Partner became a buzz band late last year for their very buzz-worthy song, “The ‘Ellen’ Page.” Now, they’re following that newfound fame with a soon to be released EP of songs via You’ve Changed Records. Their set previewed the group’s upcoming material and demonstrated that their sense of humour and great ear for hooks extends far beyond the hit single, and as former members of Sackville powerhouses Yellowteeth and The Mouthbreathers, maintain their city’s reputation for great, blistering guitar rock. Most of all they seemed just as delighted to be there as everyone else in the room was.
Mauno (Video courtesy Kazoo! Fest)
I had no idea who Mauno were going into their set at TNT Boxing on Saturday night, but their name was definitely one I left remembering, a happy discovery implanted in my brain after their gorgeous performance. Their songs seemed to endlessly spool outward, only to take the form of a neat and tidy pop number once it was all said and done. Challenging music made simply. Had I not put my trust into Kazoo!’s programming that night, I might never have heard them. Kazoo! understand that the role of curator goes beyond just selecting music that people will like – it’s a chance to champion and actually help turn an audience onto stuff that they hadn’t heard before.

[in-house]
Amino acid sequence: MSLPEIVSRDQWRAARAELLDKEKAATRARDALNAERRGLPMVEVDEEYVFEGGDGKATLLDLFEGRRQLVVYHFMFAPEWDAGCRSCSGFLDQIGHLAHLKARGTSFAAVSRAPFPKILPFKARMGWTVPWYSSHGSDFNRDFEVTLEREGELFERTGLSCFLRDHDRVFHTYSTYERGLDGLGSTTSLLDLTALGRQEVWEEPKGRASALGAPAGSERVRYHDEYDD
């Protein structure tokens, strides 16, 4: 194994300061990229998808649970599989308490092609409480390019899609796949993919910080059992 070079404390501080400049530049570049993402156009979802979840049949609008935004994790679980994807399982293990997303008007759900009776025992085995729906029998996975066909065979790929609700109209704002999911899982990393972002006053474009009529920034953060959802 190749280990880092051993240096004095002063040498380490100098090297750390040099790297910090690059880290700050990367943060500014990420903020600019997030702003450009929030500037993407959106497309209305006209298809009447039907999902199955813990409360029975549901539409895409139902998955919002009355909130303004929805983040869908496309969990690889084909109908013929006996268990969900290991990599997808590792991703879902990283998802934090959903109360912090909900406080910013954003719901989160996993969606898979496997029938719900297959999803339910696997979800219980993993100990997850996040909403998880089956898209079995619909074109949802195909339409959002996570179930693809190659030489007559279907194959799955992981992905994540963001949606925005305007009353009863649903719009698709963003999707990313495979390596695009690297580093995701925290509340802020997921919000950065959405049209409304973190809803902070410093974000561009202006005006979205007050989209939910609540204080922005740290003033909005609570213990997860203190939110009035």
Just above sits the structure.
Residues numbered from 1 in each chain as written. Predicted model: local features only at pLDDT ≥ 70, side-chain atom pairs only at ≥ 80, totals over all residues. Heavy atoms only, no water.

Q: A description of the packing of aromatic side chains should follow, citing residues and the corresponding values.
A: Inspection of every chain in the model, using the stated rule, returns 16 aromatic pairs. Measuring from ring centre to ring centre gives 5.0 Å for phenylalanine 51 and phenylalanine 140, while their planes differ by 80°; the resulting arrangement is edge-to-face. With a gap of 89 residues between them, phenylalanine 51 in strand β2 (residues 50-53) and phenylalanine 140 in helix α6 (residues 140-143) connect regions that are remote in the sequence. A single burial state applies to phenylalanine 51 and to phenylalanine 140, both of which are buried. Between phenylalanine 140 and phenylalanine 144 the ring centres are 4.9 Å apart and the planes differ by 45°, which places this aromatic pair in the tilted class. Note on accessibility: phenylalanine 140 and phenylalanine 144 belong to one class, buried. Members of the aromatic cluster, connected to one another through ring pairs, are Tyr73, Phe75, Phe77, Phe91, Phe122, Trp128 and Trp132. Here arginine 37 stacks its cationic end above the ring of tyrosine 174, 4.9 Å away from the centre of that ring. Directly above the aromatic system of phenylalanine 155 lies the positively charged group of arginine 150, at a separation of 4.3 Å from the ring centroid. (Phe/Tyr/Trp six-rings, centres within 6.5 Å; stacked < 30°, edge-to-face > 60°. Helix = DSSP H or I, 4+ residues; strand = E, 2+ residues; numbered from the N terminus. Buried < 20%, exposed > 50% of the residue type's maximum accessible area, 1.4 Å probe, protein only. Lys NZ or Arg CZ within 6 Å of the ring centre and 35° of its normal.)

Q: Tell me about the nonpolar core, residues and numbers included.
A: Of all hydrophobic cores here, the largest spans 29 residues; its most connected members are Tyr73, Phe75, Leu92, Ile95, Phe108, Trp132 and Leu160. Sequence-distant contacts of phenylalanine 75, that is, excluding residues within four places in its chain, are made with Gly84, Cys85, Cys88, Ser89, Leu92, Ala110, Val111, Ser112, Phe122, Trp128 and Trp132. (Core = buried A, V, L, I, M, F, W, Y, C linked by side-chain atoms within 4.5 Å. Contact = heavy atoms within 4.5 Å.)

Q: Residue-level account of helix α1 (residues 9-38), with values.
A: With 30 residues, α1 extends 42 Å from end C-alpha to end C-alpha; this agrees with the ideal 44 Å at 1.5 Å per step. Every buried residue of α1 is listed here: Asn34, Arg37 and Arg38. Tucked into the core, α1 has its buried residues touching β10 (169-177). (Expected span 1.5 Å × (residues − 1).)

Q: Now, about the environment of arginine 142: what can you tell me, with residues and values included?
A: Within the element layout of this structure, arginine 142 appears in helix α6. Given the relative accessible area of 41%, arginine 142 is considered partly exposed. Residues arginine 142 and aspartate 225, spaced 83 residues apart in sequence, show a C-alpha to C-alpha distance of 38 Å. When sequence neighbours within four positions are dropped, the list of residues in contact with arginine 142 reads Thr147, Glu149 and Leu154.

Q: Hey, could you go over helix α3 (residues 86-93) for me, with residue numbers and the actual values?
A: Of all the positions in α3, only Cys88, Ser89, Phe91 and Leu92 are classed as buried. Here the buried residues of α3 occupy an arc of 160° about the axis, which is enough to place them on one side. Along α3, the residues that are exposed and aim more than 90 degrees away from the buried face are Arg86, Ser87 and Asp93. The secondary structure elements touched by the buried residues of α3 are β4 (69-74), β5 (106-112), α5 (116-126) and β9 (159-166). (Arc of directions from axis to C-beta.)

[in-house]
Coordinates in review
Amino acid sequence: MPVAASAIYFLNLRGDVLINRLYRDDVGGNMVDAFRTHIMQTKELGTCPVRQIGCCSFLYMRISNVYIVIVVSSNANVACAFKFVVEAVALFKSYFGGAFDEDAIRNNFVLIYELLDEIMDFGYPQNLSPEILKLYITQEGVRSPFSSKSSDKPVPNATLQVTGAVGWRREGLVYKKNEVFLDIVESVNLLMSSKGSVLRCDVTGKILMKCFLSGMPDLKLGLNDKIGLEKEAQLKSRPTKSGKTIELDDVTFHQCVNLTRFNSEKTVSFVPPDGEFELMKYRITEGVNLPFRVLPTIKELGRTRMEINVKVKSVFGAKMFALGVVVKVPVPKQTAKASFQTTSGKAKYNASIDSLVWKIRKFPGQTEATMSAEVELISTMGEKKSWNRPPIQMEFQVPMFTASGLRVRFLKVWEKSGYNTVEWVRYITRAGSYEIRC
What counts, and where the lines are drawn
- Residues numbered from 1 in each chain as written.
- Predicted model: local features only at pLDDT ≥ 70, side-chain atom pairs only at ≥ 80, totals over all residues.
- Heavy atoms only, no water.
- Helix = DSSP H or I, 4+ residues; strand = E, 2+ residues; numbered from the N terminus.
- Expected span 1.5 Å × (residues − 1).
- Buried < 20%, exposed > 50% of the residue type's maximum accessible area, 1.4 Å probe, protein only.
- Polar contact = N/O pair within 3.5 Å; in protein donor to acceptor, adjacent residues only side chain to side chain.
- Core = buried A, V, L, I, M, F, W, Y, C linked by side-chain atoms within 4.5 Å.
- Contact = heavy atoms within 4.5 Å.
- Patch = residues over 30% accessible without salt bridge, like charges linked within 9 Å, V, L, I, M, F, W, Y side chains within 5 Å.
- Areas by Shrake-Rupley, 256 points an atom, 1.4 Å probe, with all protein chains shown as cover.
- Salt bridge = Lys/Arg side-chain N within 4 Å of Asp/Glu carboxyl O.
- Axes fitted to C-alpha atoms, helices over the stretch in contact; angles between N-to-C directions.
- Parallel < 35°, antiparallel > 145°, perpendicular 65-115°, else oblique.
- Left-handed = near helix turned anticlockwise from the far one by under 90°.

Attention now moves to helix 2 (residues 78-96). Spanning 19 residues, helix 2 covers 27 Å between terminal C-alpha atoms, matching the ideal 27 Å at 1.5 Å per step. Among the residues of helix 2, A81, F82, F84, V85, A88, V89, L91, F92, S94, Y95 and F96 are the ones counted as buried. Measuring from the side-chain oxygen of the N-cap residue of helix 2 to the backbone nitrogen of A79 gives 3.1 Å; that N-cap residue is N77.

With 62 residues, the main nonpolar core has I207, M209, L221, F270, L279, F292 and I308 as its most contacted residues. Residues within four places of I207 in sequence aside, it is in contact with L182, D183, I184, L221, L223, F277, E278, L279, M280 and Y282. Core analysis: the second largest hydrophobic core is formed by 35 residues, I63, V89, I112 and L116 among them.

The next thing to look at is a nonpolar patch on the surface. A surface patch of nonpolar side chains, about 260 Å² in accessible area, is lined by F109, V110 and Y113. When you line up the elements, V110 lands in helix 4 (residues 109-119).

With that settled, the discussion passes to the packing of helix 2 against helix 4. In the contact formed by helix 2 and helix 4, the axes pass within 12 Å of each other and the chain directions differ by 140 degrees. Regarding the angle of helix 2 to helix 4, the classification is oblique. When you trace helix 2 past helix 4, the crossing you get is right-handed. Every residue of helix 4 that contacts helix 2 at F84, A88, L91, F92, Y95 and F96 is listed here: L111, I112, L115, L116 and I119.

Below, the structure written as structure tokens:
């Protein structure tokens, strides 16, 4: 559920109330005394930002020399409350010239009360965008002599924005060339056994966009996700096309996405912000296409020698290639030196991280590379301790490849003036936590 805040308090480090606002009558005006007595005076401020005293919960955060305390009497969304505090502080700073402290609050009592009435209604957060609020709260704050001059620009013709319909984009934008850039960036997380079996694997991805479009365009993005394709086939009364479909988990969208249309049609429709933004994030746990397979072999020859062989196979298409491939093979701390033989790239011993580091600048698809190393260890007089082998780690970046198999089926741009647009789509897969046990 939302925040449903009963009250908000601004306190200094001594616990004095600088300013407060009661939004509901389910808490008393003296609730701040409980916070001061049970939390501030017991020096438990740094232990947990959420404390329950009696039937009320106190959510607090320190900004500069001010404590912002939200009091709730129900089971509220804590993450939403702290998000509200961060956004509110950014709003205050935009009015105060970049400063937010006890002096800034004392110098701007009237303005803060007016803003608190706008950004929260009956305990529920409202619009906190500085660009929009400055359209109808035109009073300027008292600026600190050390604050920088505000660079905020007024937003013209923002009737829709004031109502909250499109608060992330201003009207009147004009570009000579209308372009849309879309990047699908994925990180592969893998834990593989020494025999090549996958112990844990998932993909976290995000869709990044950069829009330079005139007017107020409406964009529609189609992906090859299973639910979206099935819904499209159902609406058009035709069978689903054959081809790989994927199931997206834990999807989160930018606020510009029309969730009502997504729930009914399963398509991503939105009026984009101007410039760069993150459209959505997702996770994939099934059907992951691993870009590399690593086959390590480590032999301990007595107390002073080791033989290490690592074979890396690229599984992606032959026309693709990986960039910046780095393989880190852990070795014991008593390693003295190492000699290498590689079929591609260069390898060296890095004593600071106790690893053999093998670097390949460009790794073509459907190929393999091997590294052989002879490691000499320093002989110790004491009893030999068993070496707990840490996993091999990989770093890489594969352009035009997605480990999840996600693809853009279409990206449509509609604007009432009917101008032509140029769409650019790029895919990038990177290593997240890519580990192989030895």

What’s interesting about Pareles, Ratliff, and Caramanica’s argument is that it can be expanded to cities themselves. Big cities, like big festivals, tend to eclipse whatever else is going on around them. Toronto, being the gas giant that it is, has a kind of gravity to it that not only pulls bands away from their small towns, it also absorbs those towns into its “greater area.”
But the reason Kazoo! works is not just a credit to their excellent programming, it’s a credit to the city itself. Take the festival’s model and move it elsewhere and it might work OK, but it won’t be Kazoo! Guelph’s identity was really at the forefront of this festival – whether it was in the beer you were drinking, the spaces you were in, or the bands that you were hearing – the quality of the festival and what made it so unique was just as dependent on where it was taking place.
Sandro Perri (Photo courtesy Kazoo! Fest)